Amongst his new-found Californian friends is towering Queens of the Stone Age front man and so-called ‘Ginger Elvis’, Josh Homme, whom Turner has frequently collaborated with.

“I’ve developed a taste for a tequila called Ocho from drinking with Josh,” Alex reveals. “It is not as easily available as Patron, which we always have on our rider. Ocho and ice is all you need. You don’t have to mix it with anything.”

On one of their recent trips back to England, Arctic Monkeys spectacularly opened the 2014 BRITS Awards with some jaw-dropping pyrotechnics.

“The reason we were at the BRIT Awards was to play with fire,” Turner says. “We were invited to play, so the stipulation was that we had to have fire. Suddenly, we were up there winning an award and there was a bit of tenuous nip slip.”

This “nip slip” presumably applies to Alex’s bewildering but entertaining acceptance speech. “That rock 'n' roll, eh?,” Turner began. “That rock 'n' roll, it just won't go away. It might hibernate from time to time, and sink back into the swamp. I think the cyclical nature of the universe in which it exists demands it adheres to some of its rules.

“But it's always waiting there, just around the corner. Ready to make its way back through the sludge and smash through the glass ceiling, looking better than ever. Yeah, that rock 'n' roll, it seems like it's faded away sometimes, but it will never die. And there's nothing you can do about it.”

Turner finished by saying, “Invoice me for the microphone if you need to,” before dropping the mic on the floor.

Gus Unger-Hamilton of Alt-J blasted it as “self-indulgent”, while former Smiths guitar god Johnny Marr praised his spiel as being “quite poetic.”

“It honestly didn’t even occur to me that it would be taken out of the context of the BRIT Awards,” Alex says. “I thought just the people watching the program might see it for what it was, perhaps foolishly. I didn’t think it was of note to be spread around outside the programme. Once you do that, it becomes something different, but in the programme it seemed to make a lot more sense.”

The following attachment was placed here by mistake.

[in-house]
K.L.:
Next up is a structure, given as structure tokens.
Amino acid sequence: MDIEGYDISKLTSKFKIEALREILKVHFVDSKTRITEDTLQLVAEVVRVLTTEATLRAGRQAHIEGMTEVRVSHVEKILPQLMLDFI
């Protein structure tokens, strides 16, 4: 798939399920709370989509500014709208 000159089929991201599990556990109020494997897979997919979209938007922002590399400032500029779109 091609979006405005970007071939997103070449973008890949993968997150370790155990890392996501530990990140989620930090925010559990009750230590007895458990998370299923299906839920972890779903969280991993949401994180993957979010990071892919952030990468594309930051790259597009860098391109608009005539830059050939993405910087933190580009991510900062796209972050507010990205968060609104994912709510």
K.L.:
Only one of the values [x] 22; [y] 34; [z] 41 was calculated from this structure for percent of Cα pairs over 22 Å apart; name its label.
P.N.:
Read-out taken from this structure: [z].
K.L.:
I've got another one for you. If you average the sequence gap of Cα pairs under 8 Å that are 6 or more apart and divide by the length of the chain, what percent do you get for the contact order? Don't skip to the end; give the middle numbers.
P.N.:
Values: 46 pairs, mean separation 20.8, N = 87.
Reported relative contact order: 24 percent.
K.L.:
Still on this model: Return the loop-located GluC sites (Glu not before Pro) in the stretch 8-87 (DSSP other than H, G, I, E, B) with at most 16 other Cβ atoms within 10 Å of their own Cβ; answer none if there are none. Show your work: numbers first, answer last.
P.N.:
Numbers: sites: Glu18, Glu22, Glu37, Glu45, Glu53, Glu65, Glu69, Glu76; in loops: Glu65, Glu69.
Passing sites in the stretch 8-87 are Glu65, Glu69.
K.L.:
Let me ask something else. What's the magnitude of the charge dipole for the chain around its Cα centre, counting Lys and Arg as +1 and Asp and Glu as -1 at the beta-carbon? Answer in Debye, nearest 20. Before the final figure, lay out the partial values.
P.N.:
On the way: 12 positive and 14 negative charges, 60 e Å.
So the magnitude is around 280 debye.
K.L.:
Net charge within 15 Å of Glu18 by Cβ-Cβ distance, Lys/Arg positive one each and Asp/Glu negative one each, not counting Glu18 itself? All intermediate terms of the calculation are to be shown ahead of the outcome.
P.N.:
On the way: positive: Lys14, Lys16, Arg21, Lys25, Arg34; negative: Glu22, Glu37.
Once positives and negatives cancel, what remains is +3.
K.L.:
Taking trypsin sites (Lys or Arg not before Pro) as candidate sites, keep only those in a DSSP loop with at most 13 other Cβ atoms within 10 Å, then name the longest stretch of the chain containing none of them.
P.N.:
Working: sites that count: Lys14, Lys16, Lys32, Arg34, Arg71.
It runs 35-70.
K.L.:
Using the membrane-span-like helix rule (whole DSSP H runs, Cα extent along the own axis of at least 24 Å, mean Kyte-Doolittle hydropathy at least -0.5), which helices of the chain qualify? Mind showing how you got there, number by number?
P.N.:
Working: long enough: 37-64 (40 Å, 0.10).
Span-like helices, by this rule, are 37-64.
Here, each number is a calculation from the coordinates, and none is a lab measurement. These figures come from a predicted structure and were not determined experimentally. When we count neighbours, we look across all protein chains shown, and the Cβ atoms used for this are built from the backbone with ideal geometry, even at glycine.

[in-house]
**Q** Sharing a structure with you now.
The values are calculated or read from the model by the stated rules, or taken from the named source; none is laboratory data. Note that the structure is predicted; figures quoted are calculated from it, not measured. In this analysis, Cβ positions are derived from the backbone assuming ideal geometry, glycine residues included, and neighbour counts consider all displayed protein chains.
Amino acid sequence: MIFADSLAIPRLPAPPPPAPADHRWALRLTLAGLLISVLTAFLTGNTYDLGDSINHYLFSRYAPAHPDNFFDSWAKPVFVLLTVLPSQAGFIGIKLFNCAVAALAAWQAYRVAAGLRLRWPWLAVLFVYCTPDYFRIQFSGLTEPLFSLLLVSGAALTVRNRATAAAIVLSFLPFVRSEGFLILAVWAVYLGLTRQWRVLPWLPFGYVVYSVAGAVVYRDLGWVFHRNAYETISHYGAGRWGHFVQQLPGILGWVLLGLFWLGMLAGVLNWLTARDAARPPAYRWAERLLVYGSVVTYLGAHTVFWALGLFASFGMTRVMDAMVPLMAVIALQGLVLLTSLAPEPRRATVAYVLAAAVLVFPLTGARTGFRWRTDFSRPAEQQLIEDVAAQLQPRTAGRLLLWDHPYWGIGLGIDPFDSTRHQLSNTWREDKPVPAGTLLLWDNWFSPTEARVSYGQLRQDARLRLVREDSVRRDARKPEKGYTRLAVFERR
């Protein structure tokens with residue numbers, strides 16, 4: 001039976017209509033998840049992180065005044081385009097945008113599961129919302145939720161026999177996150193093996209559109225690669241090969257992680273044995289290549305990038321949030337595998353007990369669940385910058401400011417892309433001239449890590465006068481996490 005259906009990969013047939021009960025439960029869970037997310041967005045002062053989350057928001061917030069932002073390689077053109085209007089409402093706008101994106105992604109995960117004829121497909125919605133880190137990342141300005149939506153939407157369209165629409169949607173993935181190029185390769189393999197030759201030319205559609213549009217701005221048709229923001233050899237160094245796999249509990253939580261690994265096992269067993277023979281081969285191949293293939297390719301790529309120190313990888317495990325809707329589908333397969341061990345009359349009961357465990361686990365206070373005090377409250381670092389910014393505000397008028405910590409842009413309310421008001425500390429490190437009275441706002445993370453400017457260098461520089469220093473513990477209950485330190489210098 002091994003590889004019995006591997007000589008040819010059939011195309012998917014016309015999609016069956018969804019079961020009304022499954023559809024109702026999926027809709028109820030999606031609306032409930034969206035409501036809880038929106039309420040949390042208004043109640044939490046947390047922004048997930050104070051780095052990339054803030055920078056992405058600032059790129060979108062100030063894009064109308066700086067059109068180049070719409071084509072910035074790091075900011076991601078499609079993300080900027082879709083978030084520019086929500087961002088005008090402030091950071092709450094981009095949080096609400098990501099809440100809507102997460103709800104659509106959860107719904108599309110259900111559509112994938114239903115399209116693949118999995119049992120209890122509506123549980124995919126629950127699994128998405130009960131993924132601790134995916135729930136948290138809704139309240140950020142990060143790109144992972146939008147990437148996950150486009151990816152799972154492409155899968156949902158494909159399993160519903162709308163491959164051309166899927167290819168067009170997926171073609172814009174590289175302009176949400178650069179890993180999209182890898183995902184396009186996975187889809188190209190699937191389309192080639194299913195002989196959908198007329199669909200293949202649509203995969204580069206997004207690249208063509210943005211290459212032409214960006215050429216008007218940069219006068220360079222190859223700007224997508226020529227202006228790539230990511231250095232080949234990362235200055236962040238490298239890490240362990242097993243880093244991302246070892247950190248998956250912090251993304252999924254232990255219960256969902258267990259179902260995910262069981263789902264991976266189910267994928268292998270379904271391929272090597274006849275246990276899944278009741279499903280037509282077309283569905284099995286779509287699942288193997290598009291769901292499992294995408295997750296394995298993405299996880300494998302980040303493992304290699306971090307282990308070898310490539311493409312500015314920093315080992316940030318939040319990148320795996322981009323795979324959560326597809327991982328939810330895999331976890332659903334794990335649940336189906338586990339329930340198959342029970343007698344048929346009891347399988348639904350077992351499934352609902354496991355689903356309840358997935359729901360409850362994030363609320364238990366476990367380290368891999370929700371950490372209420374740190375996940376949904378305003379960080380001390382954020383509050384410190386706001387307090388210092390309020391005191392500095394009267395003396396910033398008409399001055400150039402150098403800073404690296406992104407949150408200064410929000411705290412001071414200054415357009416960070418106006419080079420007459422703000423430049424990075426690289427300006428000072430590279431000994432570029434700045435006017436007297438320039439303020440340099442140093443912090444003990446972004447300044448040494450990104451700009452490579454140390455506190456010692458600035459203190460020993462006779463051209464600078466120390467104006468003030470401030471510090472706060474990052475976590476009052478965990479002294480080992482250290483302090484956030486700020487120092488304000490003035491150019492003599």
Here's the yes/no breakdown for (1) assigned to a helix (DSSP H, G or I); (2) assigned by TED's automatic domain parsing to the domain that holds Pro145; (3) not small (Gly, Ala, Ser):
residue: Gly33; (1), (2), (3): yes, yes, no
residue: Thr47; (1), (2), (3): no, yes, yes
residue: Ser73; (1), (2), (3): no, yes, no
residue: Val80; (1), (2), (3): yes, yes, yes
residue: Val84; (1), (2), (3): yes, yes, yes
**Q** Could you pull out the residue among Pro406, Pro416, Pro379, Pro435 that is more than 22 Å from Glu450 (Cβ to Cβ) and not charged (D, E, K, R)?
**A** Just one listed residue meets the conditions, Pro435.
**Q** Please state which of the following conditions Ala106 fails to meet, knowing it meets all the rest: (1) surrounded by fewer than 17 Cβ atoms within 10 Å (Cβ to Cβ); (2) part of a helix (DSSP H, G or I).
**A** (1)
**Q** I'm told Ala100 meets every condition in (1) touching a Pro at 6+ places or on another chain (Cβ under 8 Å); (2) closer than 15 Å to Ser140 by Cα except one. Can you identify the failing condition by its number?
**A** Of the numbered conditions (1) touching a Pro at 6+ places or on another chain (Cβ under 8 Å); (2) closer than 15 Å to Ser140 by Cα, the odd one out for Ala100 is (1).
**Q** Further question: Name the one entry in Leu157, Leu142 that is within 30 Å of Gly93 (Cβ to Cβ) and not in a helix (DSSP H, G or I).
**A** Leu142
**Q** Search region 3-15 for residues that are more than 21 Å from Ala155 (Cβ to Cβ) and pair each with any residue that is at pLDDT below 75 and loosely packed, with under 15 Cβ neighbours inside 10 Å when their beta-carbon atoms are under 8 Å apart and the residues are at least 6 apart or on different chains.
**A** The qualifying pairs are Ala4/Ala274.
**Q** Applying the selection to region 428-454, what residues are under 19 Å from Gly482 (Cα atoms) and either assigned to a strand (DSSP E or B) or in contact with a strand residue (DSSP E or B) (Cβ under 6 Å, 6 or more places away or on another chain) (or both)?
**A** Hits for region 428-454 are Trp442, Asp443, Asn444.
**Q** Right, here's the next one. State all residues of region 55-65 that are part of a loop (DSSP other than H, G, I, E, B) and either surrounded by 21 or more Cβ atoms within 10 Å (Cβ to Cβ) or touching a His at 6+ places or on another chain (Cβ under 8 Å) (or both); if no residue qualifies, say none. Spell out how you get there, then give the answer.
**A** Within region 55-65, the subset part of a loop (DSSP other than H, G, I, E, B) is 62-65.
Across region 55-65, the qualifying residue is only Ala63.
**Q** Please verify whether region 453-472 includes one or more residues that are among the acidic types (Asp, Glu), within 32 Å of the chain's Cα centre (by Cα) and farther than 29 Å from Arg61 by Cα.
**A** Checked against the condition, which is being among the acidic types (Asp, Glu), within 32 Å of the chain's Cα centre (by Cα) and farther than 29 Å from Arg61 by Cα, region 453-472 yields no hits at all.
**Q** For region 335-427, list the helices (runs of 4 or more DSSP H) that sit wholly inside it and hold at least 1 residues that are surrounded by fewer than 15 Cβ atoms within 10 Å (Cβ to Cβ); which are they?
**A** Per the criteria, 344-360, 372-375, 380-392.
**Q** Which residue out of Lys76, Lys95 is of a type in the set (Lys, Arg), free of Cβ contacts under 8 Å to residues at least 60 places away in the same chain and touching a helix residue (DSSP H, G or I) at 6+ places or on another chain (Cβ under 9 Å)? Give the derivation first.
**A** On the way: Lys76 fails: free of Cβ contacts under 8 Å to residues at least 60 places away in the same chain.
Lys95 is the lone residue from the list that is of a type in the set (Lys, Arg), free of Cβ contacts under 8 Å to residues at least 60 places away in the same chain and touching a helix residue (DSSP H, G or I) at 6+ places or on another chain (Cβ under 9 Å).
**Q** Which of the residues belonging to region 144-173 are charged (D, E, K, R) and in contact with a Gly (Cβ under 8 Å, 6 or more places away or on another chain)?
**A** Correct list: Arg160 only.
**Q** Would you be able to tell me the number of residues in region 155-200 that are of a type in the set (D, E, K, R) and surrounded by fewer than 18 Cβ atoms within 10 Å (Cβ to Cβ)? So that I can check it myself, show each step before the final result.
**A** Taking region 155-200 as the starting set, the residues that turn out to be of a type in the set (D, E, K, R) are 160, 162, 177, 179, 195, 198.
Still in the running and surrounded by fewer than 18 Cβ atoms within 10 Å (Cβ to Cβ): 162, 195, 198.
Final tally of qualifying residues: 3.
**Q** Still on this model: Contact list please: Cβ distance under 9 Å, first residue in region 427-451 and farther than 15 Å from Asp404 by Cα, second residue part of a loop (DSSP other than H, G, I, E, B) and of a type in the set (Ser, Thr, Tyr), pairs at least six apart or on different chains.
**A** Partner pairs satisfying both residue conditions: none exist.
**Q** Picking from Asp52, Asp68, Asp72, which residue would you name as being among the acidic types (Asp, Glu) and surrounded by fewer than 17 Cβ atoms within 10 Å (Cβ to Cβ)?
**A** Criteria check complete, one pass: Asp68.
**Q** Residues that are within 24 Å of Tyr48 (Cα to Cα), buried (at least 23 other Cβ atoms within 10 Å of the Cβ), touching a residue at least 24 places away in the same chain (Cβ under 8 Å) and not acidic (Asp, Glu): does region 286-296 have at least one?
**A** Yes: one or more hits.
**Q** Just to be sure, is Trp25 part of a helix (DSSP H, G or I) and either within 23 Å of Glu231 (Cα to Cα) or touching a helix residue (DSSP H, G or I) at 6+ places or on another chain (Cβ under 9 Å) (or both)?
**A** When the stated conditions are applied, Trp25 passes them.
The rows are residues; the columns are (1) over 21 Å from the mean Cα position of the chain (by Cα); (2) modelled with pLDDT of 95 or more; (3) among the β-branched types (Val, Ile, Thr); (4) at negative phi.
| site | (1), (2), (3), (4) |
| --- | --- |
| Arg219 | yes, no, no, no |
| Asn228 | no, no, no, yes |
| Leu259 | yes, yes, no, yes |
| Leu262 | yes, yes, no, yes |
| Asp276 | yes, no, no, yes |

Did Alex get invoiced for the microphone in the end? “I don’t believe so, we’ve quite a good relationship with Sennheiser,” he deadpans, referring to a microphone manufacturer.

The much ado over nothing has done them no harm. They now occupy an unique position in modern rock. Turner’s lyrical talents are praised by the likes of the poet laureate Carol Anne Duffy, but his band still top the charts and play to huge crowds all over the world.

“I really don’t take it too seriously,” Turner says. “I don’t sit around thinking about our legacy or looking back on what we’ve done. I’m not sure what we’ll do after this. I will think of something. I might go and live in the woods for a little bit.

“I spend a lot of time in discussions like this trying to explain what it is about this new album, or being in a certain place, or what were we on or what we were listening to. It really just comes down to reaching out for something and doing your best not to suck.

“Josh Homme said (the reason) he wanted to work with us was because we didn’t suck. We just try to continue not to. It really is that simple.”

They’ve certainly come a long way from Whelan’s, or the Grapes in Sheffield where they played their first gig in June 2003. “I don’t remember even opening my eyes during that gig,” Alex recalls. “The objective that night was not to fall off the stage and maybe get a snog out of it. The main goal was not to be humiliated.

“After that point something did change, but Madison Square Gardens or Glastonbury certainly wasn’t on the agenda just then. We took baby steps.”

Did Alex get a snog at the end of the night after all?

“I don’t think I did actually,” Turner replies. “At least I didn’t fall off the stage.”

Arctic Monkeys play Marlay Park on Saturday, July 12